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Serpent's Stout - The Lost Abbey

Not Rated.
Serpent's StoutSerpent's Stout

Educational use only; do not reuse.

1,505 Ratings

(view ratings)
Ratings: 1,505
Reviews: 543
rAvg: 4.23
pDev: 8.51%
Wants: 294
Gots: 362 | FT: 32
Brewed by:
The Lost Abbey visit their website
California, United States

Style | ABV
American Double / Imperial Stout |  11.00% ABV

Availability: Winter

Notes & Commercial Description:
Beer added by: BeerBeing on 06-10-2007

The history of the bible and religion is indeed the struggle of good vs. evil. Our Serpent’s Stout recognizes the evil of the dark side that we all struggle with.This is a massively thick and opaque beer that begs the saints to join the sinners in their path to a black existence.
Beer: Ratings & Reviews
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Ratings: 1,505 | Reviews: 543 | Display Reviews Only:
Photo of imperialking
4/5  rDev -5.4%

Photo of nucmedmario
4/5  rDev -5.4%

Photo of Texasfan549
4.5/5  rDev +6.4%

Photo of sobeleg
4.5/5  rDev +6.4%

Photo of dlello2
4.5/5  rDev +6.4%

Photo of Fallingonwater10
4.5/5  rDev +6.4%

Photo of jeonseh
4.12/5  rDev -2.6%
look: 4 | smell: 4.5 | taste: 4 | feel: 4 | overall: 4

Bottle poure into CBS Snifter

A - Color is dark brown. The beer is opaque as no light shines through with a small light brown head sitting at the edges of the glass. Doesn't look too thick and as I swirl on the glass its body leaves a slight stickiness on the sides of the glass.

S - On the whole, the beer has a strong, fragrant nose. Smells of burnt caramel, light coffee, black licorice, dark chocolate. The anise blends in nicely and adds a nice unique profile to the nose. As the beer heats up, the anise becomes a bit more prominent. The nose also gives no hints of the 11% within it.

T - Taste initially has a light sweetness to it. I note candied datesand plums. After the initial dark fruit flavors, the coffee comes in slightly to give the beer a touch of bitterness. There is also roasted malts that come through. The anise comes in on the finish and sits on the tongue. One thing to note is that the flavors blend together well. Nothing overpowers and each has a chance to show itself and plays off of each other.

MF - The body is medium. It has light carbonation that goes well with the beer's mild taste profile (mild in that nothing is overpowering). A nice, slight stickiness to it that fits nicely.

O - Overall, a good, well-balanced stout from Lost Abbey, which is not a style that comes to find when I think of them. I thought the anise profile in the nose made this one stand out a bit compared to a normal stout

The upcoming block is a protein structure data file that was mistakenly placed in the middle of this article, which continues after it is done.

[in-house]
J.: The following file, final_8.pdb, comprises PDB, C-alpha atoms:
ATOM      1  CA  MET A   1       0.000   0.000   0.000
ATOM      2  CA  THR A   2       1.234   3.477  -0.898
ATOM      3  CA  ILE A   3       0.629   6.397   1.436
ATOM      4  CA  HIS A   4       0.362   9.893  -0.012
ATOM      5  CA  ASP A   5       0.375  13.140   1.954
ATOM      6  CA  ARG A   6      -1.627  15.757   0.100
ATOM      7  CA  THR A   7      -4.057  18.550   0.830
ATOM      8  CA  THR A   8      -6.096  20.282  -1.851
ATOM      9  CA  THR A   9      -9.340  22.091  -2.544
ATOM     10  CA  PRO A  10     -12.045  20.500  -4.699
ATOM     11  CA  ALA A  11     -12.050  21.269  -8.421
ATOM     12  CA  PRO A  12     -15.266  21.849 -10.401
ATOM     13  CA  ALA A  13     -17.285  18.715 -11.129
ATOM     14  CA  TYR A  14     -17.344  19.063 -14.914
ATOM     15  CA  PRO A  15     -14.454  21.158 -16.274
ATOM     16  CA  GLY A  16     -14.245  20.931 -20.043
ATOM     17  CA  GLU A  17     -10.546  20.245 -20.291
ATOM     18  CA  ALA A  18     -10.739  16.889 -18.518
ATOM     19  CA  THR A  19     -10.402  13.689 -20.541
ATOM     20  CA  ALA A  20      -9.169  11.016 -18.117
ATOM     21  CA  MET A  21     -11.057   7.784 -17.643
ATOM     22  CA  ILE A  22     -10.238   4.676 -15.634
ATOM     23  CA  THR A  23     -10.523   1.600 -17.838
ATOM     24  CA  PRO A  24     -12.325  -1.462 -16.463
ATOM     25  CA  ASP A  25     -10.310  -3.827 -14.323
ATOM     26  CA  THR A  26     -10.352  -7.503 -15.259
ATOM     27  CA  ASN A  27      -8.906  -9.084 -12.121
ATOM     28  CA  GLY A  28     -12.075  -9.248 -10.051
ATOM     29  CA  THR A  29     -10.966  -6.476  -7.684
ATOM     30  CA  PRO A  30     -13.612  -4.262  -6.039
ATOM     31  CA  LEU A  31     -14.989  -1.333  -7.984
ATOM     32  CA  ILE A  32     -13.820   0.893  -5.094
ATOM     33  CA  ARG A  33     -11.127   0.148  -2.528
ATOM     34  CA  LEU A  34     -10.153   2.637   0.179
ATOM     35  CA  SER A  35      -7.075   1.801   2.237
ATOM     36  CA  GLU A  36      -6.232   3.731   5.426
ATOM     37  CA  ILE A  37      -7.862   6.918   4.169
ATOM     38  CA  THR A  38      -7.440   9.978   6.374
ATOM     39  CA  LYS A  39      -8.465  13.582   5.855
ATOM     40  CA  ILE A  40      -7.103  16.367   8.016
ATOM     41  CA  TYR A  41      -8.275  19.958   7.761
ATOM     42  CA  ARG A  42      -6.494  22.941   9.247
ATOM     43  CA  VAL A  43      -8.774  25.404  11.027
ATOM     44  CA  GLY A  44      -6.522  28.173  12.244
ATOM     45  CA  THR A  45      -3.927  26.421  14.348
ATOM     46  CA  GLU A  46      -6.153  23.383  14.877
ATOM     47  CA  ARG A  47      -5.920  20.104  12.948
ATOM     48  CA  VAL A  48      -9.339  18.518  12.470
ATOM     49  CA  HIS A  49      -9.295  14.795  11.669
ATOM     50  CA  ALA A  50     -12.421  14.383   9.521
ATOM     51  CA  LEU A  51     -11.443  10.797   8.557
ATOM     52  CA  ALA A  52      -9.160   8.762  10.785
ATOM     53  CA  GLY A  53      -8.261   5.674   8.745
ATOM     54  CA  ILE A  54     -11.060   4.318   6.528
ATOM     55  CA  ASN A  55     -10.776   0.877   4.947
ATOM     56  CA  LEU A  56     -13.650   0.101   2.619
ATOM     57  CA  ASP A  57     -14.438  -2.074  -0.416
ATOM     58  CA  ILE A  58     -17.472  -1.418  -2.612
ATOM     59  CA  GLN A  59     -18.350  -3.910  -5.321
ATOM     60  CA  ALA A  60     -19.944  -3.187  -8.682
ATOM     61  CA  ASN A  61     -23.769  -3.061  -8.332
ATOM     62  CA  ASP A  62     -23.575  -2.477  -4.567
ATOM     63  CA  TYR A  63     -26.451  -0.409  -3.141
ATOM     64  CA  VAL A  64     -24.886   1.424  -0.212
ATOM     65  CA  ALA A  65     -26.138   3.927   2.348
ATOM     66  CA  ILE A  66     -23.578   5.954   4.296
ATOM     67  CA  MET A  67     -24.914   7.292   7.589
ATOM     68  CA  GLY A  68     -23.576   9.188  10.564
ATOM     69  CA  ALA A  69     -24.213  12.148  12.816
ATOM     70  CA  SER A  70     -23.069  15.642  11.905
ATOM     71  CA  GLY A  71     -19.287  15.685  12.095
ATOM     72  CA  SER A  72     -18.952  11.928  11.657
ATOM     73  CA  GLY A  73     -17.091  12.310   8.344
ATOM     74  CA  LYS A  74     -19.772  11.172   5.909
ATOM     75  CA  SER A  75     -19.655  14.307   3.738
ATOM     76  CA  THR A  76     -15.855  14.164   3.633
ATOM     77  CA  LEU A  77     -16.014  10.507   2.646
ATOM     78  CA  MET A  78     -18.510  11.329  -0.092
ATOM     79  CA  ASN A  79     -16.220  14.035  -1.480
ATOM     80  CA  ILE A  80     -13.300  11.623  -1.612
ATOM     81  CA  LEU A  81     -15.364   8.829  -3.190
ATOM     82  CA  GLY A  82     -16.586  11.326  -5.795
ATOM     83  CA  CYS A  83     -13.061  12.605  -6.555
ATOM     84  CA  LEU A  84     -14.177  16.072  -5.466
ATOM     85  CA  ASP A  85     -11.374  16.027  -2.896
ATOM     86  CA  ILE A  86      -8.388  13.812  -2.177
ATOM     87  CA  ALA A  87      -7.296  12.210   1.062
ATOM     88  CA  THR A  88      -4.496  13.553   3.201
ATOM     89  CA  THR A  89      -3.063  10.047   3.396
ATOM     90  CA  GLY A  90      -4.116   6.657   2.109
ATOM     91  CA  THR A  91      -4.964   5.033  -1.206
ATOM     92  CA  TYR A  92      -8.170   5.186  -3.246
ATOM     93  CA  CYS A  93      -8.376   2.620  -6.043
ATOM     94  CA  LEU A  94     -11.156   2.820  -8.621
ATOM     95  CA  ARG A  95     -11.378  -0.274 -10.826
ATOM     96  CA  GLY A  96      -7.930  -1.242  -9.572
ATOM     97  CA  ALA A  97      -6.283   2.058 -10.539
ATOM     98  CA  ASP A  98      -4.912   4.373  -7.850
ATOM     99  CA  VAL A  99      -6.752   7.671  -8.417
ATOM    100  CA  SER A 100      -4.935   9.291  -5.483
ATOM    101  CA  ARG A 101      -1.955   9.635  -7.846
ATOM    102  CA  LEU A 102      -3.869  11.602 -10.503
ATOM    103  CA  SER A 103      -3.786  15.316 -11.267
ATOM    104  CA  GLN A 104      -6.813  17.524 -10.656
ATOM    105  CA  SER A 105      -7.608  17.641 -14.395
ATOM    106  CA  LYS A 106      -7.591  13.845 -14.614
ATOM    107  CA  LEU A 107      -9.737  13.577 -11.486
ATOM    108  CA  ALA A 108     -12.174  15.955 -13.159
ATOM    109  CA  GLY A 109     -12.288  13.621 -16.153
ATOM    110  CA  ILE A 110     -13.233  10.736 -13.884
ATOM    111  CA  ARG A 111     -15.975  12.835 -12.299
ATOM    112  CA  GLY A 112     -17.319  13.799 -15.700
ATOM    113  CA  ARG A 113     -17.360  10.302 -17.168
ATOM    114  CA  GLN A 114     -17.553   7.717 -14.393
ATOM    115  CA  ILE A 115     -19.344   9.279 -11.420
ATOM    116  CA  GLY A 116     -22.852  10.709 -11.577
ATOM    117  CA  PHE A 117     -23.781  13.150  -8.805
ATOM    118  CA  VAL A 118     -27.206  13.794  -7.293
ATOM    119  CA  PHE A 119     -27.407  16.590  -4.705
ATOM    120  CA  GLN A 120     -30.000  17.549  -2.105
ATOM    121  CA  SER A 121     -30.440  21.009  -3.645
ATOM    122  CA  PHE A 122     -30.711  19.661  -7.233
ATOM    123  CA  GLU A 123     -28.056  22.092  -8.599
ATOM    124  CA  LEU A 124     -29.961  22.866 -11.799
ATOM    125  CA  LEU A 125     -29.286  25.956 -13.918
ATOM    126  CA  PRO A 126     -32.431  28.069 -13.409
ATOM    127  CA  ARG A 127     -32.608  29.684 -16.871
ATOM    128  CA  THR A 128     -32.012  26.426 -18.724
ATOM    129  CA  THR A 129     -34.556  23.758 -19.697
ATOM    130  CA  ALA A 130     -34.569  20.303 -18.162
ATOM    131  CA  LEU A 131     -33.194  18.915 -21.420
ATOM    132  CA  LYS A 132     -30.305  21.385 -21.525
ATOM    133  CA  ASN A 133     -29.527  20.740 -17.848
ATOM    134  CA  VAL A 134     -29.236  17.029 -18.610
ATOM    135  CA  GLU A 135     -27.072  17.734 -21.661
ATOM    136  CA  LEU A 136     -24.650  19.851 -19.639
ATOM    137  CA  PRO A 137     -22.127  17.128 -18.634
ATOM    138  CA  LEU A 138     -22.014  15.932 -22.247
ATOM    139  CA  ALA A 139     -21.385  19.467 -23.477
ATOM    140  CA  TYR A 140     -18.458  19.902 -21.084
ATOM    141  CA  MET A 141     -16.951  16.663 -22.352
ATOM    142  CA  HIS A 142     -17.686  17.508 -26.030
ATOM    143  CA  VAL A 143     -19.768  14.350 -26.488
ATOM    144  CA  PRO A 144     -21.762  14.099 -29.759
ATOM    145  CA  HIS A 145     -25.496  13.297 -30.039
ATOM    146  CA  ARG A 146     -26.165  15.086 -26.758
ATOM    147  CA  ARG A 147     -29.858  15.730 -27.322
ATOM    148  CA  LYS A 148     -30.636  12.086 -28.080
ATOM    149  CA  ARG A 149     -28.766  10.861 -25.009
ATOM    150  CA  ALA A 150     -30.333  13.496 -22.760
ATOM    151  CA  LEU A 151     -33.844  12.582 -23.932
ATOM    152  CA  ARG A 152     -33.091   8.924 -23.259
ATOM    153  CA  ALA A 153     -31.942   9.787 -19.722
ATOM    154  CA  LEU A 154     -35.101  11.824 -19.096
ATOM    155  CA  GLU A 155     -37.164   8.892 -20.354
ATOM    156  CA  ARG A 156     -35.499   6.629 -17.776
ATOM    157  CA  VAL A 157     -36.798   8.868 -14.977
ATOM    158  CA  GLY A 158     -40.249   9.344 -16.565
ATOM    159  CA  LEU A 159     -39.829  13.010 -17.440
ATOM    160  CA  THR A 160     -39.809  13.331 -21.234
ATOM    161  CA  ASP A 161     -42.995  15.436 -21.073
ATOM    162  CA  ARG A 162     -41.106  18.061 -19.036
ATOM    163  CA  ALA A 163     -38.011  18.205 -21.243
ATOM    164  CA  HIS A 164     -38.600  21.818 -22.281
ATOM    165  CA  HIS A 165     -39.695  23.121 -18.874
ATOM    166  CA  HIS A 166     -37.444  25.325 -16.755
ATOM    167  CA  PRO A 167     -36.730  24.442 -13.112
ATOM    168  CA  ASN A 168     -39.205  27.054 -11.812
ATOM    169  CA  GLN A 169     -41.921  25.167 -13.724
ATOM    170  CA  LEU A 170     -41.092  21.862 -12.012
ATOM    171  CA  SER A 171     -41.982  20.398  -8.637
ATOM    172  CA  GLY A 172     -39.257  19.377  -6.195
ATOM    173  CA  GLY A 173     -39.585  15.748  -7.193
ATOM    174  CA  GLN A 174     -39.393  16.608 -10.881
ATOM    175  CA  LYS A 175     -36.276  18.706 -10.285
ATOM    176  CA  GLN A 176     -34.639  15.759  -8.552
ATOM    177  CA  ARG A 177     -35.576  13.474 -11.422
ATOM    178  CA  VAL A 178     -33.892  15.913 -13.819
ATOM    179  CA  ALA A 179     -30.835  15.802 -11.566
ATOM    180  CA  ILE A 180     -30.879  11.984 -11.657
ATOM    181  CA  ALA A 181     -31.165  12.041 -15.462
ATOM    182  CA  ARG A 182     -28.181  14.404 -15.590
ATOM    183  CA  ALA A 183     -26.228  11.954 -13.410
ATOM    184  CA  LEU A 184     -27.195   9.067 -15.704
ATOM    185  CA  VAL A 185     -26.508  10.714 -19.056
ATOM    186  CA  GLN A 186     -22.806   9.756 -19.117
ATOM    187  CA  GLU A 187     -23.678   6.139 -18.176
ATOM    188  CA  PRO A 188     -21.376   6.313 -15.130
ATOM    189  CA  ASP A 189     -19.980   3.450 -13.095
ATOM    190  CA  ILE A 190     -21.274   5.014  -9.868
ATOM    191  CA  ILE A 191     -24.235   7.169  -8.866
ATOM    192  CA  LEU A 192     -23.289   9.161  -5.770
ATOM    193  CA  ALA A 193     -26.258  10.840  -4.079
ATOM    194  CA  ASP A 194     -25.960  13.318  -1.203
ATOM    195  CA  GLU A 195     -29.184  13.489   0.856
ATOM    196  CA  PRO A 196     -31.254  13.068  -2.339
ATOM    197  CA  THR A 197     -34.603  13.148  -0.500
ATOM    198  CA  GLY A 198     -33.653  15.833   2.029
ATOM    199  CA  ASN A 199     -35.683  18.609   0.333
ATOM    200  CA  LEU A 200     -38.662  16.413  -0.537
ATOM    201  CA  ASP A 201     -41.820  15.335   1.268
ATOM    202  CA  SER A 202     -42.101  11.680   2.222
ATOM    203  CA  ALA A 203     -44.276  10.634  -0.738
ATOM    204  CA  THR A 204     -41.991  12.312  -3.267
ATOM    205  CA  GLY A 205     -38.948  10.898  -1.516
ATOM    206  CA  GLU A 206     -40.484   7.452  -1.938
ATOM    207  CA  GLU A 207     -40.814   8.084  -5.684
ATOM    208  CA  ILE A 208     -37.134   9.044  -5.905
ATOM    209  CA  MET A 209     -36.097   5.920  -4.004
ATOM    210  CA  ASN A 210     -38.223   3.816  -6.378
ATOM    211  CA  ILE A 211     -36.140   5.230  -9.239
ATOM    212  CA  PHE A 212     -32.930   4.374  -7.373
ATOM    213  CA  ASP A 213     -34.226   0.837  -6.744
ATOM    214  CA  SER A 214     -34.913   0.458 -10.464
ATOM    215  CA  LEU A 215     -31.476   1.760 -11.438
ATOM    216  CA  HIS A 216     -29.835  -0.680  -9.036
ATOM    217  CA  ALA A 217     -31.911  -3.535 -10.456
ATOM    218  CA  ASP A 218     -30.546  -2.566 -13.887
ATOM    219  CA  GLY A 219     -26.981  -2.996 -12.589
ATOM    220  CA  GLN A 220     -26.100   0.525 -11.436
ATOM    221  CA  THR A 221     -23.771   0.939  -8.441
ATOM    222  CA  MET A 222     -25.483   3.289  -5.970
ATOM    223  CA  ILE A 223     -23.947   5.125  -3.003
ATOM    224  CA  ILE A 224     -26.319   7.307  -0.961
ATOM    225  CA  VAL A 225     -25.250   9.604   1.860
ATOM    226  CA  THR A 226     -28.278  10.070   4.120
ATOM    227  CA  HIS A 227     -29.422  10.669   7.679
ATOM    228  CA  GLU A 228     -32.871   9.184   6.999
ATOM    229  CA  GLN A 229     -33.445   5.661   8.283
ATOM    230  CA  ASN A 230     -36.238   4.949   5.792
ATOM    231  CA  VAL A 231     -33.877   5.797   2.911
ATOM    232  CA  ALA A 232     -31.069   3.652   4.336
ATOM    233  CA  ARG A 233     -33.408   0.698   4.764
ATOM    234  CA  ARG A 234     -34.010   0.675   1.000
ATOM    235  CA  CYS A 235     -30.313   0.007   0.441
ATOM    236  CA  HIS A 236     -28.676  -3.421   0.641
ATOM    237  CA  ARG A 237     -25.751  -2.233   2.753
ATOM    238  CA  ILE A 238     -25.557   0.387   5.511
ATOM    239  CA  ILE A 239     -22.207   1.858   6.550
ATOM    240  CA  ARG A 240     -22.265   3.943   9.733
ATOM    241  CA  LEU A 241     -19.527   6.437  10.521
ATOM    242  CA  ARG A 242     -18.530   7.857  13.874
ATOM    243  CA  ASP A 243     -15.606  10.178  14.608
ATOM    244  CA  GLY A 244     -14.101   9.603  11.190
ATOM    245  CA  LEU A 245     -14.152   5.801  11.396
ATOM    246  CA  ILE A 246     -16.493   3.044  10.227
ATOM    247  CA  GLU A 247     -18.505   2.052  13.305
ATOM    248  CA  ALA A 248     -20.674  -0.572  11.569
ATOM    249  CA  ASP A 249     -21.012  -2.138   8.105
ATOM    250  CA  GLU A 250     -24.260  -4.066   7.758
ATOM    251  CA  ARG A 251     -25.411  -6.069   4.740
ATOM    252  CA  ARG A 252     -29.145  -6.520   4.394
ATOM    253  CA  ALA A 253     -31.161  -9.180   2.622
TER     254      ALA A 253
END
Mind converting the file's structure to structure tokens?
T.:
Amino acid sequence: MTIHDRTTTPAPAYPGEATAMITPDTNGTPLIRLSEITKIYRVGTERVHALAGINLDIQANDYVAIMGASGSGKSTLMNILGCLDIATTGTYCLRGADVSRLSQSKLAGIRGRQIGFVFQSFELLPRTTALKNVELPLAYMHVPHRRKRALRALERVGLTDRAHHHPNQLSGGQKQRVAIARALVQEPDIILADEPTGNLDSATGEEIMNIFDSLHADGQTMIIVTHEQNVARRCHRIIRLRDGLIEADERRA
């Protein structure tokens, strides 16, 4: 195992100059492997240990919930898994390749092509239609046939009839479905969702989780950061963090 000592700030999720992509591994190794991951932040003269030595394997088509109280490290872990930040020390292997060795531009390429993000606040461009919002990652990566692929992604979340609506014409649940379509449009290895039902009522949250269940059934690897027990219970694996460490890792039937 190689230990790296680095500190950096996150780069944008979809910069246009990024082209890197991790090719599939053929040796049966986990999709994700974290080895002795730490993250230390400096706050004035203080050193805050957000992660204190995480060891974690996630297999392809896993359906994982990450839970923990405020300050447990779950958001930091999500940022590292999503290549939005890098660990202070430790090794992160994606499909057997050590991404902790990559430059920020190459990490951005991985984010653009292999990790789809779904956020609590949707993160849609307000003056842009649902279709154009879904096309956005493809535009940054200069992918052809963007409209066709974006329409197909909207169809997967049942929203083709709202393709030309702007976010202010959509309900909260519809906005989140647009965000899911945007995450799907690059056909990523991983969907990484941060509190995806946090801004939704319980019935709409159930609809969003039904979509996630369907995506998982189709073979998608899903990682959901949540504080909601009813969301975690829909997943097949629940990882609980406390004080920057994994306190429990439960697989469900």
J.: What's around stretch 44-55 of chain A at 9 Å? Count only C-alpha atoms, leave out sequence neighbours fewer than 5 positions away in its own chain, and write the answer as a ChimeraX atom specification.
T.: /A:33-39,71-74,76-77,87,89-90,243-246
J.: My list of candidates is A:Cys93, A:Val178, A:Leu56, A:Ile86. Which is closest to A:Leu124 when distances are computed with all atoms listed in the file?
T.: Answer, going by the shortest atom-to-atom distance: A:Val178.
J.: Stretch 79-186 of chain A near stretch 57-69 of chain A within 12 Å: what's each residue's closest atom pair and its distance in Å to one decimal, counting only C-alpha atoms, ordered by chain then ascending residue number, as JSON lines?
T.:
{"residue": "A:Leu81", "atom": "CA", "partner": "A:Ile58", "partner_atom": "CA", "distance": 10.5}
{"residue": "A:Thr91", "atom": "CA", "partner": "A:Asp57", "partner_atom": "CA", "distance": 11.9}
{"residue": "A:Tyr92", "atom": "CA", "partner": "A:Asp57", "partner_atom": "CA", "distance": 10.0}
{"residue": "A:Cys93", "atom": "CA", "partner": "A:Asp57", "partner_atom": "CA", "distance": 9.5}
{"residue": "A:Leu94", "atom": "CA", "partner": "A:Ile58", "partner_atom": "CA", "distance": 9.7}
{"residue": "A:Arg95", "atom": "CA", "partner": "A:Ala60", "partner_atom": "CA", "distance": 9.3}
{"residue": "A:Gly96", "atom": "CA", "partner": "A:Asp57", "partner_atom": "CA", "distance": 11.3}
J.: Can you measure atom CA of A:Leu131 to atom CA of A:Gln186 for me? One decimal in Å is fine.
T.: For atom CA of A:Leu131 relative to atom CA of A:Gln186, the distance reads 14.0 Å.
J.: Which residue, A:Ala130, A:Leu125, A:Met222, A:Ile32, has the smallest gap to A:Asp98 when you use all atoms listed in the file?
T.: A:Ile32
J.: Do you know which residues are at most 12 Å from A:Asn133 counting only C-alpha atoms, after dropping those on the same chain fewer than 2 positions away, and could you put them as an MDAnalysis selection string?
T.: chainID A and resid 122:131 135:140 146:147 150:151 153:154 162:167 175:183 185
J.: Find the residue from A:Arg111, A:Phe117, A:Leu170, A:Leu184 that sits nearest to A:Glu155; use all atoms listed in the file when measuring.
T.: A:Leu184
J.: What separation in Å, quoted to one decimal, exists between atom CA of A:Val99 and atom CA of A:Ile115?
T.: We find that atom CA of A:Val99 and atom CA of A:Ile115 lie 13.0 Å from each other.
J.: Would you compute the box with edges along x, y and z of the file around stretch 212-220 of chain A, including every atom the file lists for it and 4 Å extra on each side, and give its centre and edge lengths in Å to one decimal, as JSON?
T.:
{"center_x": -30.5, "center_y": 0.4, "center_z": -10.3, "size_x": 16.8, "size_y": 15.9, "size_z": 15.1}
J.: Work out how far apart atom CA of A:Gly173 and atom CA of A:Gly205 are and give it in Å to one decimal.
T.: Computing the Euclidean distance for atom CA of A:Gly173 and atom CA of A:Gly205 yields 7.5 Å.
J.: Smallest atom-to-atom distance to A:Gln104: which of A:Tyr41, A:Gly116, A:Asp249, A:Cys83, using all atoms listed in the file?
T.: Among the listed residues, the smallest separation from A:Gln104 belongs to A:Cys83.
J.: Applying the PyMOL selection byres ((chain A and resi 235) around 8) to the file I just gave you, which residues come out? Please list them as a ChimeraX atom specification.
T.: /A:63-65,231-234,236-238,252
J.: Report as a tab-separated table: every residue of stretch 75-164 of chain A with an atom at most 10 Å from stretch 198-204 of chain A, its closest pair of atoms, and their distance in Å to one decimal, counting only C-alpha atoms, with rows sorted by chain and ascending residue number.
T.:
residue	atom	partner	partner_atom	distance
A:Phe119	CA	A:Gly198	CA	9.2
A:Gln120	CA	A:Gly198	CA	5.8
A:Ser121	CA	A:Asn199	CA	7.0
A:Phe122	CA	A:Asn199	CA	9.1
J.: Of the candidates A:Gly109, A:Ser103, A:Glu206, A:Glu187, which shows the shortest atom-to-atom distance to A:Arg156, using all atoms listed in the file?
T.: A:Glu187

Photo of kevgod
5/5  rDev +18.2%

Photo of Stoffel
4.5/5  rDev +6.4%

Photo of usofar
4/5  rDev -5.4%

Photo of Turbodog666
5/5  rDev +18.2%

Photo of Britton
4.5/5  rDev +6.4%

Photo of Knapp85
3.95/5  rDev -6.6%
look: 4 | smell: 4 | taste: 4 | feel: 3.5 | overall: 4

This one poured out as a nice looking black color with a thin tan/brown colored head on top. The smell of the beer was had a good amount of roasted malts on the nose along with some dark fruits and wooden aromas. The taste of the beer was rich with some dark chocolate notes coming through with a bitter aftertaste of burnt malts and caramel. The mouthfeel of the beer wasn't as heavy as I thought it should be. The carbonation was decent and it was still a drinkable brew. Overall it's not most impressive stout to me but I'm glad I gave it a try.

Photo of HopHead84
4.5/5  rDev +6.4%
look: 4.5 | smell: 4.5 | taste: 4.5 | feel: 4.5 | overall: 4.5


2008 batch stored at 55 degrees since the release, making this roughly 1380 days old. Tried next to the fresh 2011 batch.

A: Black body, completely opaque, with a mountain of dark brown foam. Retention is impressive and there are tendrils of light brown foam left clinging to the glass.

S: Roasted grains with a whisper of smoke. Dark chocolate is pronounced, and it accompanies molasses and a touch or licorice. There's a little milk chocolate in there as well. Coffee is very faint.

T: Bittersweet dark chocolate blends with a firm roasted malt presence. Alcohol is well hidden and I get some cocoa, a little molasses, and the suggestion of licorice. There are no off flavors and no oxidation is evident. The balance between the various elements is superb. There's a little brown sugar in the smooth dark chocolate finish.